suffered steep losses when financial markets plunged in 2008 and
early 2009 and left Stockton with a 23 percent loss on its
invested proceeds and in debt to investors who bought the bonds.
HOUSING BUST'S TRAIL OF PAIN
The worst damage was done by the housing crash. Median home
prices in Stockton slumped to $110,000 in 2009, erasing nearly a
decade's gains. General fund revenues in the current fiscal year
are projected at $155 million, just above their level in 2001.
The real estate bust made Stockton one of the foreclosure
capitals of the United States. Property-tax revenues tumbled.
The city began its new fiscal year on July 1 with its
1,420-strong workforce down by a quarter from three years
Debt service has ballooned to $17.2 million a year from $3
million just six years ago.
Stockton has already defaulted on about $2 million in bond
payments since February.
Recriminations about Stockton's budget need to be set aside
to avoid the kind of lengthy bankruptcy suffered by Vallejo,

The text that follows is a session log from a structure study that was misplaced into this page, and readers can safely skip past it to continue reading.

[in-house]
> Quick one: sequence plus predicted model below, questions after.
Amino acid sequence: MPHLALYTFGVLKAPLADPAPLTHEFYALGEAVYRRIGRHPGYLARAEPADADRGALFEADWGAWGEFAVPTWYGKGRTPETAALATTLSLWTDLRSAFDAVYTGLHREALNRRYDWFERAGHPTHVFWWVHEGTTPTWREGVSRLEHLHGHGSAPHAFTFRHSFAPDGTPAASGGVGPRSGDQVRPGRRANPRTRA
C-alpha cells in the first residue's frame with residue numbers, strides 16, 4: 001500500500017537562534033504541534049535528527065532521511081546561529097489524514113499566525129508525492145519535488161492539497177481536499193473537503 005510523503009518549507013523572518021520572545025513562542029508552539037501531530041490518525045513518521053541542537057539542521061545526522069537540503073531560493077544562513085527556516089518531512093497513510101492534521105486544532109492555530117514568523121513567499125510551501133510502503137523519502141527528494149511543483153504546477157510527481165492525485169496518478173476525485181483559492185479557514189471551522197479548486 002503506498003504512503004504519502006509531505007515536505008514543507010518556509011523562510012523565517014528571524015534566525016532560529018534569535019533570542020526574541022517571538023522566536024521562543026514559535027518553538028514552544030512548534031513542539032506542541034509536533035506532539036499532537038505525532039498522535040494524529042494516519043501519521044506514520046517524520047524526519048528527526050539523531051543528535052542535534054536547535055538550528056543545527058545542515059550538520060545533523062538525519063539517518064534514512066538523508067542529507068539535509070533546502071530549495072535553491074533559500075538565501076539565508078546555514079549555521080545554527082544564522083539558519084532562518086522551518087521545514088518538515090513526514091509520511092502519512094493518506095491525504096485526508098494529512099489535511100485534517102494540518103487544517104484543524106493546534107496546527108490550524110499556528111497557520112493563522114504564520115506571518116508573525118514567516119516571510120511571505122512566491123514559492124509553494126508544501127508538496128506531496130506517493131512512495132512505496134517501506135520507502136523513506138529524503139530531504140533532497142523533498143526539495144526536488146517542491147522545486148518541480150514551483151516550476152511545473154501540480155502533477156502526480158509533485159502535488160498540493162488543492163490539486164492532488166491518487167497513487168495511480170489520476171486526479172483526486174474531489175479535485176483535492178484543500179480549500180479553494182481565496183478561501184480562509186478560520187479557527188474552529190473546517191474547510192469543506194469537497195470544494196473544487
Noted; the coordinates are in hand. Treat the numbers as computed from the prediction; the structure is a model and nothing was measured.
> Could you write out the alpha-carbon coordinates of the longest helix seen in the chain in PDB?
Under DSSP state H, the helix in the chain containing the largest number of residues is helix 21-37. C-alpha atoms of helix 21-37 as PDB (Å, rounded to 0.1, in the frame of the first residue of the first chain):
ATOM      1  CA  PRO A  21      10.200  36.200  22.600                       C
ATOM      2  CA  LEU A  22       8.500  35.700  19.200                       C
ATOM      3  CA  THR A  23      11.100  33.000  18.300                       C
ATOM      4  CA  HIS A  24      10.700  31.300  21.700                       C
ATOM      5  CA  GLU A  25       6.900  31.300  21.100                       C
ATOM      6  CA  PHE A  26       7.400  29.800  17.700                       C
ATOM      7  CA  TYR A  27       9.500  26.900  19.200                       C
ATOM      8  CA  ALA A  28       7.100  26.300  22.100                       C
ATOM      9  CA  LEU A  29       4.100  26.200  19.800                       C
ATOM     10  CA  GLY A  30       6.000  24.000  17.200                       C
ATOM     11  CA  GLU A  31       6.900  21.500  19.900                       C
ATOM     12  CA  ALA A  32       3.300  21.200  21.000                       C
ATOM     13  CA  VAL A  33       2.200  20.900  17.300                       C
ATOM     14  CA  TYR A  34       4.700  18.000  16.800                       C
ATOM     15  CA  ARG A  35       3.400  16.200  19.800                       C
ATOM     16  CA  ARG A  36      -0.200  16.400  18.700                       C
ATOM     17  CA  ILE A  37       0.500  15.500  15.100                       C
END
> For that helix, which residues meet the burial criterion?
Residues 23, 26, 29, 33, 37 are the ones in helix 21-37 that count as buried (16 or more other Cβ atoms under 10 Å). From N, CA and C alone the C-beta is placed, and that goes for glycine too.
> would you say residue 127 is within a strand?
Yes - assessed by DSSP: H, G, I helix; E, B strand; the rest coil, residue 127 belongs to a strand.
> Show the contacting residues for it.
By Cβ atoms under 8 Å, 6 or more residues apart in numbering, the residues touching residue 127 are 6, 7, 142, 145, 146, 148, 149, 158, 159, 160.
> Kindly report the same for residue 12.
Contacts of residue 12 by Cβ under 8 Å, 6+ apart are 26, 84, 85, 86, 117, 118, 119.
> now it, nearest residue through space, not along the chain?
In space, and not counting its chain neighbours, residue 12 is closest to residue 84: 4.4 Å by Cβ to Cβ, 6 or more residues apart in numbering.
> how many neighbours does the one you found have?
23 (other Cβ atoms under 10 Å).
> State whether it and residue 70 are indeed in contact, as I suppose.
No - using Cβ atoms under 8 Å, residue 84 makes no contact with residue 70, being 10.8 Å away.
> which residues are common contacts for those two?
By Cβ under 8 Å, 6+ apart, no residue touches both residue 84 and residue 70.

an other California casualty of the boom-to-bust cycle. It
emerged from bankruptcy last year after three years in Chapter 9
that cost it $10 million in legal fees.
Stockton has earmarked $3.5 million for bankruptcy court
expenses b ecause it h opes for a quick e xit from Chapter 9.
Bondholders, employees and retirees will be hurt in the
process. Axing retiree medical benefits is now central to
efforts to restructure Stockton's finances, Deis said.
Many retirees are in a state of shock about that.
"I believed the city would honor its commitments," said Geri
The former clerk retired last year after 26 years with
Stockton's police following a second heart attack.
Ridge lives off a monthly pension of $1,895. She learned on
Friday that she now faces a $576 monthly premium for her health
co verage - or $1,277 a month if sh e keeps her daughter on her
She has no idea of how to pay for the coverage, which the
city will fully eliminate in a year. And she has harsh words for
"I want him gone. I'm hoping whoever gets elected into
office fires him, bankruptcy or not," Ridge said.